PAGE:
Imagine growing up having not two, but three genetic parents – one father and two mothers. Impossible? Actually, this may soon become a reality, with new research being developed to combat mitochondrial diseases.
Mitochondria are parts of your cells that are the ‘power stations’ – they provide energy for every cell of your body, allowing your body and your organs to function. Most of your DNA – genetic inherited information from your parents that makes up much of who you are – is contained in your nucleus – the ‘control room’ of your cells. But your mitochondria also contain some DNA, which means they can be the cause of inherited diseases.
Damaged or faulty mitochondria can cause serious diseases, due to problems in your muscles, your heart or even your brain, affecting around 6,000 adults in the UK. The DNA in the nucleus of your cells is made up of a mix of genetic information from both your parents, but your mitochondria is only inherited from your mother: this is known as matrilineal inheritance. This means that any mutations a mother may have in her mitochondria she will pass onto her children. It’s also unpredictable – even if a mother has a very mild form of a mitochondrial disease, you can’t predict how severe the disease will be in her children; it may be much worse, or non-existent.
Your mitochondria also contain some DNA, which means they can be the cause of inherited diseases.
But for parents in this position, there may be answer. New techniques have been developed to allow mothers to carry a healthy child without the risk of disease, by a process known as ‘3 parent IVF’. It works by transferring the genetic information from the nucleus contained in either an egg or embryo with damaged mitochondria into a donor egg from a woman with healthy mitochondria. The embryo would be fertilised by the father’s sperm either before or after the transfer. This means the child would contain DNA from three parents: the vast majority of DNA from the mother and father, and mitochondrial DNA from the donor.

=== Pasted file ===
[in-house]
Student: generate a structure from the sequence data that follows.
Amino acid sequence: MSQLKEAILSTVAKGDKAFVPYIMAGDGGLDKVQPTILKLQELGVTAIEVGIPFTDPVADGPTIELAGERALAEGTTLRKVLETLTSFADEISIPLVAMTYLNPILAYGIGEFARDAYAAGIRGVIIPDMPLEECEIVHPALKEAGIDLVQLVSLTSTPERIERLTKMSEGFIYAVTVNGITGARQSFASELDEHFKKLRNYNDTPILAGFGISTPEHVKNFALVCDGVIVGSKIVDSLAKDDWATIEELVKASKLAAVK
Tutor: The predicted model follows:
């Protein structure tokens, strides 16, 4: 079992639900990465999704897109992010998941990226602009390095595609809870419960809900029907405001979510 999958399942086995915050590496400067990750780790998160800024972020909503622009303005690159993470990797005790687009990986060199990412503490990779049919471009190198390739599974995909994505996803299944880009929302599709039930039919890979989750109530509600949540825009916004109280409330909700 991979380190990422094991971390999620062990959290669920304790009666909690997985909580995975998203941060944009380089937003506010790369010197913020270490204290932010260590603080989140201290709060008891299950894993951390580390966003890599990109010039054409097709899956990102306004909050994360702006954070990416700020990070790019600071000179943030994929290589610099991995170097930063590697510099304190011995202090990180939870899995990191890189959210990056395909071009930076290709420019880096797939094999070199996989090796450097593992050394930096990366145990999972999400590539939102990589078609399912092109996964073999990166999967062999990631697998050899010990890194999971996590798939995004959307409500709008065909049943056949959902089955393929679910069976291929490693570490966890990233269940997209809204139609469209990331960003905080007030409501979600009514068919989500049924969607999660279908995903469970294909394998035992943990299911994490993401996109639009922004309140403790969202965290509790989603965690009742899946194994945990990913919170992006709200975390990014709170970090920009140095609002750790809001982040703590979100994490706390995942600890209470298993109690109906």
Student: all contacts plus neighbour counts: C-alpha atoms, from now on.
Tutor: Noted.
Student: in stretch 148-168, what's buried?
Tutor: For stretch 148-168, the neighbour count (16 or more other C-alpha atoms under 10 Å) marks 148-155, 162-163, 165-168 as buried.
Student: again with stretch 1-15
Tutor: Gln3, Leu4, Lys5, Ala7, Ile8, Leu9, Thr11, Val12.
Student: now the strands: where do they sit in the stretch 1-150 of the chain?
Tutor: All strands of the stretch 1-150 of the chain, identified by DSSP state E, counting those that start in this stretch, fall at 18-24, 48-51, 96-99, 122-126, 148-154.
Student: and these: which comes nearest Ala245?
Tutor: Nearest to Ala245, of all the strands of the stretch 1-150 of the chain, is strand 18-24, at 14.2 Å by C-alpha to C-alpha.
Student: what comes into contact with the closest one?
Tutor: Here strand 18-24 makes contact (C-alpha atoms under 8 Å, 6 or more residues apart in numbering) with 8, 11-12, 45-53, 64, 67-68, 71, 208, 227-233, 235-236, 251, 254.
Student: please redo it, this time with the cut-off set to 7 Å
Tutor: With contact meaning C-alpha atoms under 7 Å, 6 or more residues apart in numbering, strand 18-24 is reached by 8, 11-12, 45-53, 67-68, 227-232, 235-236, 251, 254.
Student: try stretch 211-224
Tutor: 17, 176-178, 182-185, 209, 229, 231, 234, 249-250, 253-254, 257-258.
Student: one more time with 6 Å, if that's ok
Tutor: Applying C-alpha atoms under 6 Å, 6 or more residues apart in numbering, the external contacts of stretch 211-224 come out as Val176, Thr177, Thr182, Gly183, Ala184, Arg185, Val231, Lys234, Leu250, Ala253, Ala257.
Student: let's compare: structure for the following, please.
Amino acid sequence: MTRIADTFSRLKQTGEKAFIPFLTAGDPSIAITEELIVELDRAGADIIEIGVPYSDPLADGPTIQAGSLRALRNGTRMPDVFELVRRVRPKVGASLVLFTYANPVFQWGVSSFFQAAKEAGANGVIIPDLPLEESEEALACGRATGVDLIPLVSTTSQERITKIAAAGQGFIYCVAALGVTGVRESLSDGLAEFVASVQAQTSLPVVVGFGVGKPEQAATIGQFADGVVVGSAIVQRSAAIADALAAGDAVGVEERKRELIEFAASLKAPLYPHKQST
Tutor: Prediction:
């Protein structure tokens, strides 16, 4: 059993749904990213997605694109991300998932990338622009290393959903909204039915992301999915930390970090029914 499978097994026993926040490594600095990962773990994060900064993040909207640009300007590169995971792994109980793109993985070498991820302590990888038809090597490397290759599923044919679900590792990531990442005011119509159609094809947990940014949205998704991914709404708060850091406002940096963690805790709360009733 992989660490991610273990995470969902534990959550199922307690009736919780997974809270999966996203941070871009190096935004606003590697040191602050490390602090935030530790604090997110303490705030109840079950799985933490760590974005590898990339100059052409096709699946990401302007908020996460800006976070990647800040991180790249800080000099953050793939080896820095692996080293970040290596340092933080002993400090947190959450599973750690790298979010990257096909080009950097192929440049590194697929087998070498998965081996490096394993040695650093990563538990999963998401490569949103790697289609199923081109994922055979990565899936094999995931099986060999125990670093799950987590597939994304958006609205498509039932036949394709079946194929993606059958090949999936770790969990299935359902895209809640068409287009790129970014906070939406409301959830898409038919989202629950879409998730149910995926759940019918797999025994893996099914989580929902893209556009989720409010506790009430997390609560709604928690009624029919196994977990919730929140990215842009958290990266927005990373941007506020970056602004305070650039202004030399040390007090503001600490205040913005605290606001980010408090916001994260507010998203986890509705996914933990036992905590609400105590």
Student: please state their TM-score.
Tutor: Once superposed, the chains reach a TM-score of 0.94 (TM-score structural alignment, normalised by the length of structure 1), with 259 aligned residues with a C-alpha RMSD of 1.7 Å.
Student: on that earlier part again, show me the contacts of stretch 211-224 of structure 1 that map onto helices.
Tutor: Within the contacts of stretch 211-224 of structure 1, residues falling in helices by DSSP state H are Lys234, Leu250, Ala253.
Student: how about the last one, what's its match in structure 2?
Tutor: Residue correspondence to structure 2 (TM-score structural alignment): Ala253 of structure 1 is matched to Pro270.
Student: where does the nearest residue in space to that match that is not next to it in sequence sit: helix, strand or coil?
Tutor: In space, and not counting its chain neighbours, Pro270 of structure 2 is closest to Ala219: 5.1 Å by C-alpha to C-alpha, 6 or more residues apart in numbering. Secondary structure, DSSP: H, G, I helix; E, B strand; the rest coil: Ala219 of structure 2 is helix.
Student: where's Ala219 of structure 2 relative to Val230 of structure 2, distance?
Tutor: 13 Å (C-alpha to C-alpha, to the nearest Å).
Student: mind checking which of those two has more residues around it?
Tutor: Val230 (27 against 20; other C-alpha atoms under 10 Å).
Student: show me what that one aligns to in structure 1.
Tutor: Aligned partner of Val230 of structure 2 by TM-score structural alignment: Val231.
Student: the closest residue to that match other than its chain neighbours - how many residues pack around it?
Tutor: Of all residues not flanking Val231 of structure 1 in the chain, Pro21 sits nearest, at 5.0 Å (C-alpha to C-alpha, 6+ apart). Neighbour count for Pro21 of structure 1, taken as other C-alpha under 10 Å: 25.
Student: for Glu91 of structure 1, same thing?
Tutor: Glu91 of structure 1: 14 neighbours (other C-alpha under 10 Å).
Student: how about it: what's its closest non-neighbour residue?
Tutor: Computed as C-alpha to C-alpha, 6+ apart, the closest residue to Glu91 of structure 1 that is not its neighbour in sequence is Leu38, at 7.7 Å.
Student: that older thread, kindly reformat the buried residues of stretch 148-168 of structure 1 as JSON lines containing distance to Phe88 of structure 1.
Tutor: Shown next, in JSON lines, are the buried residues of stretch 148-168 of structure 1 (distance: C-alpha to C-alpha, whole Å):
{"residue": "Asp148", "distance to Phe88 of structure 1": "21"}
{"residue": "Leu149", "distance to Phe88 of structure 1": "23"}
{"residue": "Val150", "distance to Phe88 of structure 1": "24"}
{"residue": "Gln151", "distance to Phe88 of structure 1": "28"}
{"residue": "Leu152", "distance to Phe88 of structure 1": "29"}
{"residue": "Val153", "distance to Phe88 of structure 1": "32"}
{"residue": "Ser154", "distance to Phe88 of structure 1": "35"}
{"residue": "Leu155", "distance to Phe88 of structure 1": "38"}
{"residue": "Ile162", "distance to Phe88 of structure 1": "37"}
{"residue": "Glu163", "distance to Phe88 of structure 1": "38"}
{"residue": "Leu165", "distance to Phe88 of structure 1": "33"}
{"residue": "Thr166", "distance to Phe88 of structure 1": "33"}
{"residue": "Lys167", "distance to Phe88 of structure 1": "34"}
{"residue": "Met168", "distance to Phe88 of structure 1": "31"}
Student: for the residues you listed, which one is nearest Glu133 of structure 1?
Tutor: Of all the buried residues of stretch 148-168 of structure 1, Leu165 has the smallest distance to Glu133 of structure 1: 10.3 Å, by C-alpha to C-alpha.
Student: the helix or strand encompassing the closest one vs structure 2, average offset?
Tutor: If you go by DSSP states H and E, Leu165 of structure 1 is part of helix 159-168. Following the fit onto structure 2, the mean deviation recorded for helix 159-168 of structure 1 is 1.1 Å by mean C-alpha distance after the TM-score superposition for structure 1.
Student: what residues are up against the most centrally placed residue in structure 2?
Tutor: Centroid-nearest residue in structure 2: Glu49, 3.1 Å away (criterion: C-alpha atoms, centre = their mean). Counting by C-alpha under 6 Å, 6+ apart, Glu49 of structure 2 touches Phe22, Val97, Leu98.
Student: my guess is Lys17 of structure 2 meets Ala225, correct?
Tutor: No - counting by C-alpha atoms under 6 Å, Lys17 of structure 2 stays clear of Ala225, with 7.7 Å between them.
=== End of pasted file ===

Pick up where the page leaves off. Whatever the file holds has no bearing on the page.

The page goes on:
This is literally the cutting edge of science, but also of ethics: the treatment, although deemed safe, is still illegal. Although the ‘designer baby’ argument is not really an issue here, there’s still the ethics in destroying and modifying embryos. There’s also the child to consider – he or she could grow up with identity issues, and would the donor mother have any parental responsibilities or rights towards the child? Future generations would also be affected as the DNA in the mitochondria could be passed on down generation to generation, a permanent modification.
This means the child would contain DNA from three parents: the vast majority of DNA from the mother and father, and mitochondrial DNA from the donor.
In 2012, the Human Fertilisation and Embryological Authority (HFEA) ran public surveys, consultations and events to help judge what the public thought about the treatment and ethical considerations involved and they are due to release their findings this year. If they’re positive, Britain may be the first country to legalise the treatment, although it’ll be a number of years before any trials would begin.
This treatment may be triumph in clinical terms, but as with all controversial methods regarding genetic manipulation and the life of a potential human, it must go hand in hand with the social and ethical issues that will ultimately decide its fate.
Image: Duncan Hull via Flickr